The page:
A Widening Parental Leisure Gap

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Research Briefs

Today’s Parents of Young Children Work More, Have Less Free Time

A new study published by the Canadian Journal of Sociology reveals that parents of young children today just don’t have enough free time.

Sociology professor Glenn J. Stalker, from York University, analyzed time-use data from Canada, the United Kingdom, and the United States from the 1960s to the early 2000s. He discovered that “while leisure time is either stable, or, in fact, increasing in [these] countries, there are, simultaneously, growing disparities occurring since the early 1970s in the amount of leisure time available to parents of young children and those employed full-time.”

In the United Kingdom in the 1960s, parents of younger children had, on average, 4 minutes less leisure time than parents of older children. By 2000, this number had increased to 42 minutes less leisure time. Canada and the United States show similar patterns.

Stalker also discovered that differences in leisure time among men and women have decreased. In the 1960s and 70s, men generally had much more leisure time than women. Now, in all three nations, women are gaining leisure time and men are losing it. He proposes that, as time allocated to paid and domestic work is becoming less gendered, so too is time allocated to leisure.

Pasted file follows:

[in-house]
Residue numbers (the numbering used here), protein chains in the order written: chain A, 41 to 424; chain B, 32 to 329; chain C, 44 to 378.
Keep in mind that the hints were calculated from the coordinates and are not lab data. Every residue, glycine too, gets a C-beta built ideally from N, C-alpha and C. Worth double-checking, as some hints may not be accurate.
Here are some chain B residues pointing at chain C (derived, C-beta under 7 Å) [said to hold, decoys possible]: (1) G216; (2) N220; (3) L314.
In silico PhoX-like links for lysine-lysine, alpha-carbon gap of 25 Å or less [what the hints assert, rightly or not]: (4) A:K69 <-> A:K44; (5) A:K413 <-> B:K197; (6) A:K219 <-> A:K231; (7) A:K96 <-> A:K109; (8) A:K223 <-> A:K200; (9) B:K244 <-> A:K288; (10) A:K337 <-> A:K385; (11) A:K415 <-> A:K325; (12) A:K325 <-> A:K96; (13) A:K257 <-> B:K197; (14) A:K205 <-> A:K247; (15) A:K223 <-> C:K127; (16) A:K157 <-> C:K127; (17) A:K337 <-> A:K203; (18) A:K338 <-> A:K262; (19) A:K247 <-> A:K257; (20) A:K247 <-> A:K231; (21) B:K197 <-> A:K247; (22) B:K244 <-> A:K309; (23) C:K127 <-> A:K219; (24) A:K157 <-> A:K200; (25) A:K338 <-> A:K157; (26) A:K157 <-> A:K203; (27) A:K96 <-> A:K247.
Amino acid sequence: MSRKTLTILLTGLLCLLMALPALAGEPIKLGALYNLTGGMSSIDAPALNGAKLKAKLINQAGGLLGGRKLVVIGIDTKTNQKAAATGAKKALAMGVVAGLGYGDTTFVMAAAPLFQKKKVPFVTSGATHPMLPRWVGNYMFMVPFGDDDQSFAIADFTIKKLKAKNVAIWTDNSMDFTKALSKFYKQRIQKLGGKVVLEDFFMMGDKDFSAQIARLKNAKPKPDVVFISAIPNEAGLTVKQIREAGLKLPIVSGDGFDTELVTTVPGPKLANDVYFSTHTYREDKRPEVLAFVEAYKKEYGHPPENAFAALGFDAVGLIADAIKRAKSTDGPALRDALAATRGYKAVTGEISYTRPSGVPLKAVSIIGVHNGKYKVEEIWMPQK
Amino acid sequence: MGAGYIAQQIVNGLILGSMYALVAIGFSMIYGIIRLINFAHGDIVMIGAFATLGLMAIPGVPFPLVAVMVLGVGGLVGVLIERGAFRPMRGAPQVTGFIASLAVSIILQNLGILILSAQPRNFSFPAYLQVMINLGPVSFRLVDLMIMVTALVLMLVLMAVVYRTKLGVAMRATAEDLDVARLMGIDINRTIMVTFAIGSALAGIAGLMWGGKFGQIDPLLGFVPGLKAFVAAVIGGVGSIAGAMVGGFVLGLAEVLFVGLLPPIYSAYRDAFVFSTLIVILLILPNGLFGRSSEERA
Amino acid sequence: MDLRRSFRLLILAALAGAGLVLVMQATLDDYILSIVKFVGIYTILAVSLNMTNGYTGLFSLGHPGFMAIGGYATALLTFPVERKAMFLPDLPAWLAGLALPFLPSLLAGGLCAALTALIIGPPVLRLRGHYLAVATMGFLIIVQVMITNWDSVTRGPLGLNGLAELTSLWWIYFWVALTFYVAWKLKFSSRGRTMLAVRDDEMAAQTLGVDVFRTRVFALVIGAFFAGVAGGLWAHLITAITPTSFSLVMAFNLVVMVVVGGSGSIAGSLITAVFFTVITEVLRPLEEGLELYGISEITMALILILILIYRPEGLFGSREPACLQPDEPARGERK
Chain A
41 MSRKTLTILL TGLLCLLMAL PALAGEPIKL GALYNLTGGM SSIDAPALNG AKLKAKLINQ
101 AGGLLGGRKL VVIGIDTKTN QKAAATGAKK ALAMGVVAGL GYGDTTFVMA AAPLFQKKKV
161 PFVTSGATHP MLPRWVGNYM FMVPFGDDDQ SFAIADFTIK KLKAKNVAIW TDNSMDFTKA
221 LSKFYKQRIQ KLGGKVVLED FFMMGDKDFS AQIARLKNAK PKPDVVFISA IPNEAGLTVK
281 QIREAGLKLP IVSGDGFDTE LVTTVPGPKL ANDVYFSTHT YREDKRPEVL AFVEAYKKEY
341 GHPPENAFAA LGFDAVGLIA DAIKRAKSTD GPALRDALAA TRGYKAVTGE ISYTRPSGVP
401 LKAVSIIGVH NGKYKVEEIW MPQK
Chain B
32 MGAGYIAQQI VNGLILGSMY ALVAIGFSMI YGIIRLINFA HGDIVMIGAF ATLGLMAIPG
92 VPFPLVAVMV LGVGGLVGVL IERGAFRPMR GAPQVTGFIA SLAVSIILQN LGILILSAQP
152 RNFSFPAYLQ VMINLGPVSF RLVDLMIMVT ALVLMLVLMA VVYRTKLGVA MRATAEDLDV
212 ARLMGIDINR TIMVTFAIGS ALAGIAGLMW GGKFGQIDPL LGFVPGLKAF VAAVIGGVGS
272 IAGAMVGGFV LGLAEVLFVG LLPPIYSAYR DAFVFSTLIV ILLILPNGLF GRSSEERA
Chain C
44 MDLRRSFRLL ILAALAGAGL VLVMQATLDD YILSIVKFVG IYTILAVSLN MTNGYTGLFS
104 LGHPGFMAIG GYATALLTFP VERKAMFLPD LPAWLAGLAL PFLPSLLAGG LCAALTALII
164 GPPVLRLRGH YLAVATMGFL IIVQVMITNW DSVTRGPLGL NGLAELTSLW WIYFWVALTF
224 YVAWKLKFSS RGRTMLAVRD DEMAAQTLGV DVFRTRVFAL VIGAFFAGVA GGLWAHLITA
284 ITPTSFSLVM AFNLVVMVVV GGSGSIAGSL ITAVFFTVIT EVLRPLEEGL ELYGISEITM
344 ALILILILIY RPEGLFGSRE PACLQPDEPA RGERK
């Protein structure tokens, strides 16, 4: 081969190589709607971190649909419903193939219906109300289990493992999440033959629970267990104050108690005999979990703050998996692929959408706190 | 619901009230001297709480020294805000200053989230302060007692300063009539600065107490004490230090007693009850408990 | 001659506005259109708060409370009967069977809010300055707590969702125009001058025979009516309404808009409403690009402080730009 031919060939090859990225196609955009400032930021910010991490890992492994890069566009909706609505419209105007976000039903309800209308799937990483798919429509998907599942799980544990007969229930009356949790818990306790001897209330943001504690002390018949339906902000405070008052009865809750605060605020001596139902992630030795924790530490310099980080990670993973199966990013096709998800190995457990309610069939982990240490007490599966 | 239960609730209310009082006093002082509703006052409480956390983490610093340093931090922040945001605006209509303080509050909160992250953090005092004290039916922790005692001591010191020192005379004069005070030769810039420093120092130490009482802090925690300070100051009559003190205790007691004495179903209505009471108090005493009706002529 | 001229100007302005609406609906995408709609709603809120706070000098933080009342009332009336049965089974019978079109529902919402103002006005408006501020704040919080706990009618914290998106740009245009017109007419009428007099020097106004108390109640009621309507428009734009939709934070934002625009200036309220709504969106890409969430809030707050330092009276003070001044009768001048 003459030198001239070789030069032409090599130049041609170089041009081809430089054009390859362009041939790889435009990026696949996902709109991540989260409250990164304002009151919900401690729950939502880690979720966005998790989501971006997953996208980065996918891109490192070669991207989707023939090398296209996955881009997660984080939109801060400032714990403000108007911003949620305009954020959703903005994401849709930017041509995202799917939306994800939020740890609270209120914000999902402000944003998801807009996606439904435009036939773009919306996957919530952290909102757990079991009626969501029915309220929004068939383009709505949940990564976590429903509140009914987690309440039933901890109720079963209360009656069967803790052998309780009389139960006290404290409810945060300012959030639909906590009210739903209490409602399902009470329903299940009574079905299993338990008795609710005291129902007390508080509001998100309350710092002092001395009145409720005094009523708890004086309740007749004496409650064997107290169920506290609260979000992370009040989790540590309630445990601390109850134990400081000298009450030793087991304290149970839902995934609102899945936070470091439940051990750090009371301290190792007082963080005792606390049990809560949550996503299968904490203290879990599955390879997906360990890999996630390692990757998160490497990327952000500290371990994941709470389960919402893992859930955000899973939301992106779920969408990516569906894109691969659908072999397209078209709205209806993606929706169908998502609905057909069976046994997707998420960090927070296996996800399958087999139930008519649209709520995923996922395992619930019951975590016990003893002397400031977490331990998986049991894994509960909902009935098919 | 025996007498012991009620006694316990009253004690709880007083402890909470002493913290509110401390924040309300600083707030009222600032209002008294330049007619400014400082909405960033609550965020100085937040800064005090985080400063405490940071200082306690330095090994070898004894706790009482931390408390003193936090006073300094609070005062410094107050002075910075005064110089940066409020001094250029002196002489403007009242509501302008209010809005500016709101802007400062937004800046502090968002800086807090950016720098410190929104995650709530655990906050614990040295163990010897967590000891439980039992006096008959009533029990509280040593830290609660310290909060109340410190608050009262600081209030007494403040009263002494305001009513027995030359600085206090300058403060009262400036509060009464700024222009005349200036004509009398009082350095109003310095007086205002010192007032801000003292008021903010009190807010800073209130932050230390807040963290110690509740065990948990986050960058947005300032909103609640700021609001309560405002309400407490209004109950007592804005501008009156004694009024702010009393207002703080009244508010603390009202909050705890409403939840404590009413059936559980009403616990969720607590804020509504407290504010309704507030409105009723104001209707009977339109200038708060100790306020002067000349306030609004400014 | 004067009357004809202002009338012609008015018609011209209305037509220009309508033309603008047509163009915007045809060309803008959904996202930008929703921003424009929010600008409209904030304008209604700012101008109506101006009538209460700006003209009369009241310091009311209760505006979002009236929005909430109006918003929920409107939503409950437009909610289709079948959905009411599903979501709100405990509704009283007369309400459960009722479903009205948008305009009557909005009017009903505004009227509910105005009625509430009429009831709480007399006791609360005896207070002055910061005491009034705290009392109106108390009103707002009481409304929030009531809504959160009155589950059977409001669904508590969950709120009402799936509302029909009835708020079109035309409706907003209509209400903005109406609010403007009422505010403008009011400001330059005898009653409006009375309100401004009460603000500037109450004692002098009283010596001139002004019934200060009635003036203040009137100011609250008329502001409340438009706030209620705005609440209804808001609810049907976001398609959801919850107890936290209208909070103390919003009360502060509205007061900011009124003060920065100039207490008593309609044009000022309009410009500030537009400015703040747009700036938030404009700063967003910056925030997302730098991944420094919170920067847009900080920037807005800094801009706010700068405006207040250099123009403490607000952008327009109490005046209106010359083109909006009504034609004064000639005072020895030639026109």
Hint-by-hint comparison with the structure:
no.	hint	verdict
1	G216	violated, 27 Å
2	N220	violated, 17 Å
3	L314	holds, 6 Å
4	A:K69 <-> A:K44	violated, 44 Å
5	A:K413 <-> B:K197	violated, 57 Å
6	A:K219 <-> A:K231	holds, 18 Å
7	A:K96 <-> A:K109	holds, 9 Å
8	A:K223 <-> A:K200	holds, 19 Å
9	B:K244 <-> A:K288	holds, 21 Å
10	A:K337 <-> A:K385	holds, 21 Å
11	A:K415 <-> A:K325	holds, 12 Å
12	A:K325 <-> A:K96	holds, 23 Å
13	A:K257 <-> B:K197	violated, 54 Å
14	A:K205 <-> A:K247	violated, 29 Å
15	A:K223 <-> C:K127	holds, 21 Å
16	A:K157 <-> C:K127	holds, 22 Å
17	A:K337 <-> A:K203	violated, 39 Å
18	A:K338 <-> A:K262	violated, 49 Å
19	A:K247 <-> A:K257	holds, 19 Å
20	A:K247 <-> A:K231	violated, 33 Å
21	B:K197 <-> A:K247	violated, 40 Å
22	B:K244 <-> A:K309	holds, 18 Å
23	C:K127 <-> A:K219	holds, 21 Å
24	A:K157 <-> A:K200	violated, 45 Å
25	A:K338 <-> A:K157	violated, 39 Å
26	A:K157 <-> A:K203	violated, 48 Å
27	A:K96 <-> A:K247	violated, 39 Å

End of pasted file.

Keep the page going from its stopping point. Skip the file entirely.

However, increased female participation in the labour market creates unmet needs within the household. Now more than before, partners share household and labour market work, or mothers assume a “double burden” of household and labour work. In either situation, today’s parents face increased stress and fewer opportunities for leisure than parents of previous generations.

Stalker suggests that although social policies have increasingly encouraged the full economic participation of women, they have ignored the high investments and costs of reproduction.

He proposes that social policy catch up with working parents’ lives by providing families with greater resources to negotiate their work in the market and within the home.

The study used data from the Multinational Time Use Study. A summary of the research can be found at http://sociology.uwo.ca/cluster/en/publications/research_briefs/research_brief_08.html/a>.

For more information, contact Glenn Stalker at gstalker@yorku.ca.

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